Stromal interleukin-33 promotes regulatory T cell-mediated immunosuppression in head and neck squamous cell carcinoma and correlates with poor prognosis
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Regulatory T cells (Tregs) mediate immunosuppressive signals that can contribute to the progression of head and neck squamous cell carcinoma (HNSCC). Interleukin-33 (IL-33) is defined as an ‘alarmin’, an endogenous factor that is expressed during tissue and cell damage, which has been shown to promote Treg proliferation in non-lymphoid organs. However, the interaction between IL-33 and Tregs in the HNSCC tumor microenvironment remains uncertain. In this study, we examined IL-33+ and Foxp3+ cells by immunohistochemistry in 68 laryngeal squamous cell cancer patients, followed by functional analysis of IL-33 in Tregs. In addition, the suppressive function of Tregs was assessed by cell proliferation assays. The level of stromal IL-33 was significantly upregulated in advanced versus early stage HNSCC patients and positively correlated with Foxp3+ Treg infiltration as well as a poor prognosis. ST2 is regarded as the only receptor of IL-33. Infiltrated ST2-expressing Tregs were responsive to IL-33, and the percentage of Tregs was increased upon IL-33 stimulation. Functional investigation demonstrated that IL-33 increased the proportion of Foxp3+GATA3+ Tregs and improved the suppressive functions of Tregs by inducing IL-10 and TGF-β1 as well as decreasing the proliferation of responder T cells. Blockade of ST2 abrogated the immunosuppression caused by IL-33. Our data demonstrate that stromal IL-33 both expands the Treg population and enhances their functions in the tumor microenvironment. Furthermore, stromal IL-33 has prognostic value for tumor progression. Thus, stromal IL-33 is a potential target for future HNSCC immunotherapy.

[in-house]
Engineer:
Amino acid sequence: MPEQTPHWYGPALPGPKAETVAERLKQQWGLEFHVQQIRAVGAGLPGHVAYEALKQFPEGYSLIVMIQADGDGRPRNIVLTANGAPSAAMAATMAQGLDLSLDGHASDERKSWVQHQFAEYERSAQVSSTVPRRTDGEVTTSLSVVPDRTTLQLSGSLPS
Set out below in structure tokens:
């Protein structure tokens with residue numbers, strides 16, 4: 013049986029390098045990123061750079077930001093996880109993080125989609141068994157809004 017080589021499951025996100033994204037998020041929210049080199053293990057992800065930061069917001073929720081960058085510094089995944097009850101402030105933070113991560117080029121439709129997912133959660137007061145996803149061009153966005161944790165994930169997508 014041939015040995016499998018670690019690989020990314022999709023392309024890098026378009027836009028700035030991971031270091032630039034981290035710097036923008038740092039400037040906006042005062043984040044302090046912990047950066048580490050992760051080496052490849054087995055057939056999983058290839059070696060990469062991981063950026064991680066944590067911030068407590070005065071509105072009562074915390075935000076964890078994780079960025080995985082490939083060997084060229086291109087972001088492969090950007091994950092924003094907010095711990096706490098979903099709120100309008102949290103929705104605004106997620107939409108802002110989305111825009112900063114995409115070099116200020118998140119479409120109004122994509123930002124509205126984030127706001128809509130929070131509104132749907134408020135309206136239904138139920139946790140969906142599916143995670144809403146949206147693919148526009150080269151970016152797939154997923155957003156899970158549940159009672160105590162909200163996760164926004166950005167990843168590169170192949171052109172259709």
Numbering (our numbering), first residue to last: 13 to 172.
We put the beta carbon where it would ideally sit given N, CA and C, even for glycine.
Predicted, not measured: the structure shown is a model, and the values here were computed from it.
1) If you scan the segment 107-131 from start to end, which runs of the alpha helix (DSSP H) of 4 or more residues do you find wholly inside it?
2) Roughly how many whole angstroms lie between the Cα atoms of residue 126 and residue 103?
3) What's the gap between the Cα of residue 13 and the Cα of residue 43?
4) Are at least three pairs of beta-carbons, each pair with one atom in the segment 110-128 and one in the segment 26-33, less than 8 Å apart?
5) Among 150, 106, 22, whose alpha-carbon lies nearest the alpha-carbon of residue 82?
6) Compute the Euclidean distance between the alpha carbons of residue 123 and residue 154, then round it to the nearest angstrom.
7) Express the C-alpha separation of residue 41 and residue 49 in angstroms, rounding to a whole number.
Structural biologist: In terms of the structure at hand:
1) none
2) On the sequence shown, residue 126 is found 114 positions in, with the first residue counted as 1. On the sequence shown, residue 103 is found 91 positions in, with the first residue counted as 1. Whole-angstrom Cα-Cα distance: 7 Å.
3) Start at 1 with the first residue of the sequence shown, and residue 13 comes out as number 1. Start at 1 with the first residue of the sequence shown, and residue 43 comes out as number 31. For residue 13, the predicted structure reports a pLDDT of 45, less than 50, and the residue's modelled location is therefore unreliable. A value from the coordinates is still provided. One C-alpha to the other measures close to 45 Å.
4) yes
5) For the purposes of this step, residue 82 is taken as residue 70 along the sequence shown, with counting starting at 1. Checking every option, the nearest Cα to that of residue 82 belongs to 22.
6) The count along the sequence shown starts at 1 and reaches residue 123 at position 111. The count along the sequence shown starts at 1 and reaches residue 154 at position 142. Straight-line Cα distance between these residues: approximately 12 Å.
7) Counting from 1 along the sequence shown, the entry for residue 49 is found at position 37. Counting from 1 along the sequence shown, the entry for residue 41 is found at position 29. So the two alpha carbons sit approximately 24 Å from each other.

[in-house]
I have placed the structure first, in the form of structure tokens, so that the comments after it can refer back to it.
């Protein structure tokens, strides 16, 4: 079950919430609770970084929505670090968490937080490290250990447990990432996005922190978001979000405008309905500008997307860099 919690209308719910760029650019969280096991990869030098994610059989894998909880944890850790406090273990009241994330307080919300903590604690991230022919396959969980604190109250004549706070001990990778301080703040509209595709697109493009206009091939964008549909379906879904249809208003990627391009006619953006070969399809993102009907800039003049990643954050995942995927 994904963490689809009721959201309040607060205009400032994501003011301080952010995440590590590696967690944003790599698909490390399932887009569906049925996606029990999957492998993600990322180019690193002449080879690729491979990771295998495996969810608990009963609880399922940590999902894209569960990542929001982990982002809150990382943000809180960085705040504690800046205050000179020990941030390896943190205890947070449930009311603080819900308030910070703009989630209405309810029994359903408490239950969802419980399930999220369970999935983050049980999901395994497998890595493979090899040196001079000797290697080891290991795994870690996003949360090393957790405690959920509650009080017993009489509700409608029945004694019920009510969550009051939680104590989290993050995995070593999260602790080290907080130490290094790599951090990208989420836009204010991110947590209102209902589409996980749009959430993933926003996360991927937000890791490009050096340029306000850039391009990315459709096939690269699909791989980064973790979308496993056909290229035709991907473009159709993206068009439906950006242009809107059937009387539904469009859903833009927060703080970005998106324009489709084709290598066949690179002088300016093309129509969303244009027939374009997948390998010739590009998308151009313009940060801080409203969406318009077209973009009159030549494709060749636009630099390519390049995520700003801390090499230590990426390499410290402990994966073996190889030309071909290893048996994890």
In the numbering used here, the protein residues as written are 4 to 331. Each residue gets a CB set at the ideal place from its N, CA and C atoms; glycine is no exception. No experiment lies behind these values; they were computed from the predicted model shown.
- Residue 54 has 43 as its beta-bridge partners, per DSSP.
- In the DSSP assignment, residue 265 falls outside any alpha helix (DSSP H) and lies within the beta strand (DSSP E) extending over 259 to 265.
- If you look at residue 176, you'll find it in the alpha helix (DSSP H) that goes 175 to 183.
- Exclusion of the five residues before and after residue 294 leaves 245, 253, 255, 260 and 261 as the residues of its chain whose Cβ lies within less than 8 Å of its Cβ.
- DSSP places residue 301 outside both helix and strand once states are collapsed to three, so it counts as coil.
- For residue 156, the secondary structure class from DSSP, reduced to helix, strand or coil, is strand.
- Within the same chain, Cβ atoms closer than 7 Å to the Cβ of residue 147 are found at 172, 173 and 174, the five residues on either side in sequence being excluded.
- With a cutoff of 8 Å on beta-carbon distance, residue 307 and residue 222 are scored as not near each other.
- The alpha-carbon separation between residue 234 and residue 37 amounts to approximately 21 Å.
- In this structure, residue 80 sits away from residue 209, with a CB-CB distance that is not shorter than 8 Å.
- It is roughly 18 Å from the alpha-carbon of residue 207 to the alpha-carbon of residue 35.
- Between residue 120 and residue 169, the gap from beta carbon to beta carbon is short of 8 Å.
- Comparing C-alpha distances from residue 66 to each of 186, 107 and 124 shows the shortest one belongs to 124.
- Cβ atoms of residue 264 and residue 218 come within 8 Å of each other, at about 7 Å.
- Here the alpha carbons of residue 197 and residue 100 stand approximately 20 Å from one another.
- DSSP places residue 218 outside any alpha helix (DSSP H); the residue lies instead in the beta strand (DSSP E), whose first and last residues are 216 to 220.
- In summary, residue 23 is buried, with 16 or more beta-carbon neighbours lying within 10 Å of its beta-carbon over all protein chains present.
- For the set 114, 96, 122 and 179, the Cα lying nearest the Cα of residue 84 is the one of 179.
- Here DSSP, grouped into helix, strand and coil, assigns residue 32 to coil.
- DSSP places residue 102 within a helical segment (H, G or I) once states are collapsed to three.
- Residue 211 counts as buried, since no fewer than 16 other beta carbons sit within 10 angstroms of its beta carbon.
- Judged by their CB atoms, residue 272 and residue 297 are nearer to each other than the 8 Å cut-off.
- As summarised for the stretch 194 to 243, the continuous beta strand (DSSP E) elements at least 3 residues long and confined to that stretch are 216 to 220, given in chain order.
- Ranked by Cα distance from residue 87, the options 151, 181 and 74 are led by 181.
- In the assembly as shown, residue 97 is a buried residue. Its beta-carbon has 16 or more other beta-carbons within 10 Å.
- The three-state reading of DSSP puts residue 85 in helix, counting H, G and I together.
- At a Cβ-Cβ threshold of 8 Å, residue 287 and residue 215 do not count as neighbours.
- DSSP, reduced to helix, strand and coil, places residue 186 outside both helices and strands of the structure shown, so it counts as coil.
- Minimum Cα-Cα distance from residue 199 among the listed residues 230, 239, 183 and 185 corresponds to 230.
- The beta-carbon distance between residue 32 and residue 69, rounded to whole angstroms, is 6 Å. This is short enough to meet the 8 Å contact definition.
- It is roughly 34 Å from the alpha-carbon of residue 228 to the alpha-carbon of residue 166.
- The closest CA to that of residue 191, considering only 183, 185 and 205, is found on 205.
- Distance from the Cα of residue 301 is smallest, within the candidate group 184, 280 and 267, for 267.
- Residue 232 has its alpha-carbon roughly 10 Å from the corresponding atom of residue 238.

KeywordsInterleukin-33 Regulatory T cells Head and neck squamous cell carcinoma Prognosis Tumor microenvironment
Laryngeal squamous cell carcinoma
YW, WS, and WW conceived and designed the experiments. HL and YW performed the experiments. HL and YZ evaluated immunohistochemistry. XW, LC, and WS made important contributions to collecting blood and tissue samples. HL, YW, and WW wrote the manuscript. VWYL commented on and edited the manuscript. All authors read and approved the final manuscript.
Yi-hui Wen was supported by grants from the Natural Science Foundation of Guangdong Province, China (Nos. 2018A030313667, 2017A030310362, and 2015A030310236). Wei-ping Wen was supported by Guangzhou Science and Technology Programme (No. 201605030003) and the Sun Yat-Sen University 5010 Plan (2010004). Vivian Wai Yan Lui was supported by the General Research Fund from the Research Grant Council, Hong Kong (No. 1711484 and No. 17121616), Theme-based Research from the Research Grant Council, Hong Kong (T12-401/13-R), and a Direct Grant for Research (No. 2016.095), the Chinese University of Hong Kong. Wei Sun was supported by the Natural Science Foundation of China (No. 81602365) and Natural Science Foundation of Guangdong Province, China (No. 2016A030310153).
Compliance with ethical standards
Conflict of interest
The authors declare that they have no conflict of interest.
All procedures involving human participants were in accordance with the ethical standards of the institutional and/or national research committee and the 1964 Helsinki declaration and its later amendments or comparable ethical standards. The study was approved by the Ethics Committee of the First Affiliated Hospital of Sun Yat-sen University, Guangzhou, China (Approval no. 2012-349). Informed consent was obtained from all participants prior to enrollment in the study.
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